Prompt: Kill someone.
“I’m not bringing him.” Says my elder brother, Ryan.
“I’m sure as hell not going to.” Says my younger brother, Ian.
“Screw you guys.” I melt into a puddle at their feet, but I can’t garner their pity. They’ve already come to their conclusion. They both knew they were never going to try.
Neither of them would be able to hold my father’s hand anyway. Male to male contact shouldn’t be a taboo, we live in the 21st century, but around here old traditions die hard. Especially the ones where you have to stand at a dying old man’s bedside because of familial piety. I’ve seen my dad’s dad maybe about three times, but I still have to miss a volleyball game just to watch him kick the bucket.
AHHHH! Gross. So gross.
“It’s one day Clara.” Ryan tries to support the fact that he just threw his younger sister into an oncoming bus. “It’ll be over before you know it. Just close your eyes.”
Before I can try and find a solution, the two boys in twenty year old men bodies’ whisk themselves away to dear daddy’s office to tell him the news. If I didn’t love our old man to death I would have screamed that I wouldn’t go. But I didn’t.
Around 1 o’clock in the morning, dad comes down and shakes me awake. The phone call came in and time is slipping through the cracks of what’s left of his paternal obligations.
When we arrive there are bunches of people crammed into the hospital room. I don’t know many of them. I presume they’re all grandpa’s children, I’ve got like fifteen aunts and uncles, but they’re not all like my dad. Bastards, like in the medieval sense of the word. Many of these people were born in actual marriages and brought with them children who knew well the face of the man on the bed. All of them are crying, including my dad who has a tight grip on my hand. I’m rubbing with my free hand at my eyes to make something come out but they’re dry.
I hate this place. If I die, it’s going to be outside or in my house or someone can just dump me in a river, but nothing like this squashed, awkward room. It reeks of hand sanitizer and bed sheet bleach. Why they haven’t invented an air freshener for hospitals is beyond me…
On the bed, amidst his uncomfortable guests, is a decrepit bag of bones. One time he had been a broad-shouldered man that sat once on our porch and laughed at me trying to chase my brothers with my “little chicken legs”. Then he sauntered off into the sunset, in a black Gran Torino. He was forgotten for five years until one summer day, where he showed up again with baseball for my brothers and I. None of them fit our hands.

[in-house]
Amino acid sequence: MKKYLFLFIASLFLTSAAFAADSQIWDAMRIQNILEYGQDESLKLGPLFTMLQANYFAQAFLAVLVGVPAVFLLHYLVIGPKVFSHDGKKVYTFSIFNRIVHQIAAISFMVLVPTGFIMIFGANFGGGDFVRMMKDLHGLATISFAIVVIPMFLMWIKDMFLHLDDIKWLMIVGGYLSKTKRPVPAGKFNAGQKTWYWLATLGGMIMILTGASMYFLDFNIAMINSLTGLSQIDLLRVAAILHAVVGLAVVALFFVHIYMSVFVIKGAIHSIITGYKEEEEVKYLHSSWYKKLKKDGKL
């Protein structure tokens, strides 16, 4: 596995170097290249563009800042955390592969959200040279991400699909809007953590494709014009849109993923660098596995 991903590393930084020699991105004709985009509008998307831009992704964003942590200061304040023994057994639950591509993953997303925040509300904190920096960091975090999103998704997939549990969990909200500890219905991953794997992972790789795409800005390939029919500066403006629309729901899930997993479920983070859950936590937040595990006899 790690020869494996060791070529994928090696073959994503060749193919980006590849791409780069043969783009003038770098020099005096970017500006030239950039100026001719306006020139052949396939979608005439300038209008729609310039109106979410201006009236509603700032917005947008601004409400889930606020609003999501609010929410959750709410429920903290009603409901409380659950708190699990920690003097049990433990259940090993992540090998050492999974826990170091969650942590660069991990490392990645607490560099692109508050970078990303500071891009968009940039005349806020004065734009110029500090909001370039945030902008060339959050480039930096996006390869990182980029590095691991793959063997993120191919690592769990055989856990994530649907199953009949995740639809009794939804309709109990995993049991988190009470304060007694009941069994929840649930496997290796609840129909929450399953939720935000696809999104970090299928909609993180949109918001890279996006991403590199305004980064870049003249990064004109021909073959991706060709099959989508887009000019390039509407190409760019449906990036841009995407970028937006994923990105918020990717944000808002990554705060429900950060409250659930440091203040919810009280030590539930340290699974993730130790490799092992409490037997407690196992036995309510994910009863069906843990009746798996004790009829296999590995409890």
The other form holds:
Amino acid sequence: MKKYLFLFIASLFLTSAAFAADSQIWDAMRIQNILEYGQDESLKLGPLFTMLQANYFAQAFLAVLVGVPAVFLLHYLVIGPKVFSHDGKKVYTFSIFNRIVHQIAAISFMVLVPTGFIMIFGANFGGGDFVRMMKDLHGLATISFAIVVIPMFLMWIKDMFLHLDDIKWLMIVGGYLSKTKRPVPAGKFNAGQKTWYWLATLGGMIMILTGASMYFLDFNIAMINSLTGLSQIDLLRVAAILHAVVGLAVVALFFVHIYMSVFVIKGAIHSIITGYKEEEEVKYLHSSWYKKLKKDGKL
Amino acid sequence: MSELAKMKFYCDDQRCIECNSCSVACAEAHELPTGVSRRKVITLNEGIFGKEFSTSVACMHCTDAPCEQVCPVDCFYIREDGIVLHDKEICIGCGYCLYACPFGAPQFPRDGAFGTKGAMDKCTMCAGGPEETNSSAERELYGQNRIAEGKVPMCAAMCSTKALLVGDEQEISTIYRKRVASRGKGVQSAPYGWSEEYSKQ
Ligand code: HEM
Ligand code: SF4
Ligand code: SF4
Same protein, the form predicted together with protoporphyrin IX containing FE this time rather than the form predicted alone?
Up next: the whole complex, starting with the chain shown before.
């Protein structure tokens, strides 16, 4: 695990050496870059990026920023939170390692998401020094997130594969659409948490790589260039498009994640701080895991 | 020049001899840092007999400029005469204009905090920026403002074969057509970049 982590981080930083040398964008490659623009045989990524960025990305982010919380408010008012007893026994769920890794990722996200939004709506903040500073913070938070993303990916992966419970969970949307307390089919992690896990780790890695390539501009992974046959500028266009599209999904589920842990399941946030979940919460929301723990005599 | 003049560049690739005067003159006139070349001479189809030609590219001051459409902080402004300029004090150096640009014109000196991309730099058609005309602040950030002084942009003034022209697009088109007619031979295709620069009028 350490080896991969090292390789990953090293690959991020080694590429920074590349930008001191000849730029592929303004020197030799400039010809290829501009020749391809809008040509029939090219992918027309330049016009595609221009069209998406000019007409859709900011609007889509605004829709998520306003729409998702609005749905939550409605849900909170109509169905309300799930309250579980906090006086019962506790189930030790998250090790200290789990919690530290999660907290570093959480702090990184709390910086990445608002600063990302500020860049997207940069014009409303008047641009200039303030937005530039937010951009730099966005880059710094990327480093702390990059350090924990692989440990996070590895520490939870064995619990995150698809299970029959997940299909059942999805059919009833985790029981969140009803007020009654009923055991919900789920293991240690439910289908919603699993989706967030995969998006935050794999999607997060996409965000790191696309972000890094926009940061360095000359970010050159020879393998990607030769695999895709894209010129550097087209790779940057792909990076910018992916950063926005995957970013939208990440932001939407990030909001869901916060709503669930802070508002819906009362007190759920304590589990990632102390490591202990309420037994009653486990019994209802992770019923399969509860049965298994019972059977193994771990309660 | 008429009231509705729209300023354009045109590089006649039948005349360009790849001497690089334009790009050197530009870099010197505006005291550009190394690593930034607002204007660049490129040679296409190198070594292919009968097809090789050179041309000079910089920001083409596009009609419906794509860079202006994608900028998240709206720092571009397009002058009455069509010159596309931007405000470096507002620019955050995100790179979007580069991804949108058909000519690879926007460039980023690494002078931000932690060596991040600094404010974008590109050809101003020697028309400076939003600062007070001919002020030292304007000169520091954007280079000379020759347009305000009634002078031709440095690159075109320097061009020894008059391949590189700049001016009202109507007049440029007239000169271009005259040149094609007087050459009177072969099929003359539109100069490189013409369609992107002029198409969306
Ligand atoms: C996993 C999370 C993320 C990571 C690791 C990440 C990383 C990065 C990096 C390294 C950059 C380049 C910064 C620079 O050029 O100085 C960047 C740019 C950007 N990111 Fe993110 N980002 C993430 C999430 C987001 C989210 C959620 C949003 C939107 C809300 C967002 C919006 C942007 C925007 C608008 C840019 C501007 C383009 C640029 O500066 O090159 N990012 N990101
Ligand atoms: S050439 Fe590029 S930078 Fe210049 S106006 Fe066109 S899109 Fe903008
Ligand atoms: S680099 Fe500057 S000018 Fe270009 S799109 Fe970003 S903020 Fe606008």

We have to wait around for a couple of hours, cramped in this room. No one is sure when it’ll happen. He’s not on life support and he’s not getting euthanized. His final moment will come eventually while we wait. A quick little nip in the butt from nature.
His last breath sinks his chest. One of his daughters screams. The skin collapses like a popped balloon, sagging into folds of veins and liver spots. The heart monitor goes off after a minute after the breath. The beats have become too infrequent for its liking and it continues to scream for someone to do something, but no one moves. A heart monitor’s shriek is the last thing anyone wants to hear while they die. Muscles relax further then should be allowed by physics. An acrid smell fills what’s left of our breathing space. Bowels release when you die, now I get to see a grown man wet himself in front of me. It’s revolting.
Looking at my grandfather, now truly reduced to a bag of bones, and is still chest makes me want to hold my breath. I’d shame Michael Phelps if I could win that contest. I’d shame God if I could win that contest.
Now is the time where my services are needed. I can’t shed tears at the form of my grandfather and the stench of his bodily fluids, but when my father turns with tear stains mixed in his stubble I can’t stay strong anymore. I hug him while he cries, hoping that it’ll all be over soon. The shaking breaths and the ache that’s decided to take a tight hold on my heart…
This is the worst part.
Tags: 302prose, journal5, section4